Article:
Game of Thrones Review: A Happy Wedding in King’s Landing, Where Nothing Bad Happened
Welcome, Mediaite readers, to the most Mediaite-ish way of reviewing a television series, ever: the Westeros Power Grid, in which we analyze and rank the players in each episode of Game of Thrones according to how well they play politics. Each week, we’ll review how well the players did in each episode, and rank our top five in each category (Houses, Politicians, Fighters, Women, and The North).
Obviously, there are massive spoilers in each review, so be very, very careful. And for you book readers, please don’t skip ahead and ruin things for everyone in the comments, or we’ll make you do a Penance Walk.
In memoriam of Joffrey I, a compilation of some of the late king’s greatest hits:
HOUSES: Immediately after the Lannisters consolidate their rule via King Joffrey, he goes off and 1) dies a gruesome death at his own wedding, and 2) proves, right before he dies, that he would have been the worst ruler ever seen in the kingdom of Westeros. Who would pay people to assault a guy with apples? Who would pour wine on his uncle’s head? Who would openly mock his wife’s family by hiring a dwarf dressed as his wife’s former husband, mounted atop a dummy of his gay lover (and his wife’s brother), to perform at a wedding? Who would pay another dwarf to hump Robb Stark’s head while his sister was forced to watch? Joffrey, that’s who.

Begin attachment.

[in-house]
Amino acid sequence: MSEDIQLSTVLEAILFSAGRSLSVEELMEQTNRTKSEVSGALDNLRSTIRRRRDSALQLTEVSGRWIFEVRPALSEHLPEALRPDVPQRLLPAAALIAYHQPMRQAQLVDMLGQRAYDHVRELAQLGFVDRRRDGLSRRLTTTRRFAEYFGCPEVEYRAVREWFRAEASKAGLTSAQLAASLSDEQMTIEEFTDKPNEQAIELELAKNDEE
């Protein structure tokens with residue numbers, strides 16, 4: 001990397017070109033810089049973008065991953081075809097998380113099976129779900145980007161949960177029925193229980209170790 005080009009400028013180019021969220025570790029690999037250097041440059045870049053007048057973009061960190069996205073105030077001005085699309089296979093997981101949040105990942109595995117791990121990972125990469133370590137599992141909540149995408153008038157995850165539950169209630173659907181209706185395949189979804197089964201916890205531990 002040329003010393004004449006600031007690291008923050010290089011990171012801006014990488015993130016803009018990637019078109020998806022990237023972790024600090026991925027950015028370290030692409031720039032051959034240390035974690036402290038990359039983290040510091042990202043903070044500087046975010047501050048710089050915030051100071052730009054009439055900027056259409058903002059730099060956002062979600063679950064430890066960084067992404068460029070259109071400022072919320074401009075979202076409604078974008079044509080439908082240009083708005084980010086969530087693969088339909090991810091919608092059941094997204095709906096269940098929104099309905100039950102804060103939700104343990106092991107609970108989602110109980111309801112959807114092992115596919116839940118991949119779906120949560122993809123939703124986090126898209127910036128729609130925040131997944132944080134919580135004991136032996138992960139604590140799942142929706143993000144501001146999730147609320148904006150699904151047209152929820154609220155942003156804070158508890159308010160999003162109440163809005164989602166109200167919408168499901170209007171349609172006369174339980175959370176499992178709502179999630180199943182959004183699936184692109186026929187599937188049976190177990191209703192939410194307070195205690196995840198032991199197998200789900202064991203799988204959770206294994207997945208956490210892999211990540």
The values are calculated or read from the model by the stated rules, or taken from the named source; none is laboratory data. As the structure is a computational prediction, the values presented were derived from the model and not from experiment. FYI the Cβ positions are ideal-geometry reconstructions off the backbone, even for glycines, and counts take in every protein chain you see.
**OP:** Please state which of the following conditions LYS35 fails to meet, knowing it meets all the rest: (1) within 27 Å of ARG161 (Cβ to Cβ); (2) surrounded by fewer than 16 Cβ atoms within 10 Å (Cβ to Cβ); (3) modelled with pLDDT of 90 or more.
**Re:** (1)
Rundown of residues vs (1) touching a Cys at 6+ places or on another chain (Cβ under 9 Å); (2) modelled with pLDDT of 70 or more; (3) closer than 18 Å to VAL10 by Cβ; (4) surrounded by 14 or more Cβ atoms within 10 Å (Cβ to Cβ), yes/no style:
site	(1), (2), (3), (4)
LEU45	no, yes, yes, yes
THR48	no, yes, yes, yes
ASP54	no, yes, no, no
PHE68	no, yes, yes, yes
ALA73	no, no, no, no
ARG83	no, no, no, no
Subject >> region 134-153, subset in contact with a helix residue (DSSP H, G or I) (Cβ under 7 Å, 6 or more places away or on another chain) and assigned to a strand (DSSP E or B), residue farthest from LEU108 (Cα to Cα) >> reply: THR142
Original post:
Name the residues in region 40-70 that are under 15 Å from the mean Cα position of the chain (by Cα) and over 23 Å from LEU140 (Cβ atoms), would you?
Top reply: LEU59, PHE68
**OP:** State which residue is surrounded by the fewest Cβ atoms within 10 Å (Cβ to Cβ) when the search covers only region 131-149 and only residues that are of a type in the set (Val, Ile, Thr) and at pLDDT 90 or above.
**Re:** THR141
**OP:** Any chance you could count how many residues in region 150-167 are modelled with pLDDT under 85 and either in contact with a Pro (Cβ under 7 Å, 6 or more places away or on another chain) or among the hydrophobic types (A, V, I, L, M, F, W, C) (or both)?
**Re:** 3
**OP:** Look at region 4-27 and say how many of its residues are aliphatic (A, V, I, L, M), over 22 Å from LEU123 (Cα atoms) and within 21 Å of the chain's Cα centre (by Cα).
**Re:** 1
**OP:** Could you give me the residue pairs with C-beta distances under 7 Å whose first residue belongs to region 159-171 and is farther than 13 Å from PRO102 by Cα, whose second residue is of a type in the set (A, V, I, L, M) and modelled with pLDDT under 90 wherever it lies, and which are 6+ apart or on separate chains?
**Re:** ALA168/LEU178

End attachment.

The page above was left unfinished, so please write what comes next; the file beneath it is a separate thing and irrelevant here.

While we’ve all been waiting for this little shithead’s death ever since he became the king, I think it’s safe to say that the audience desperately wanted to see Joffrey get his comeuppance via blazing, dramatically poetic justice — like, for instance, Arya stabbing him in the throat. (“Can you walk, boy?”) Instead, he was poisoned by someone, and we don’t know who that someone is, meaning anyone with an axe to grind against the Lannisters has a motive, and, more importantly, the will to actually execute the plot. It could be anyone. How many people at the wedding insulted the Lannisters to their face during this episode? We count Oberyn, Olenna, Loras, Pycelle (by accident, because he smelled like cat pee), and Tyrion (to the King).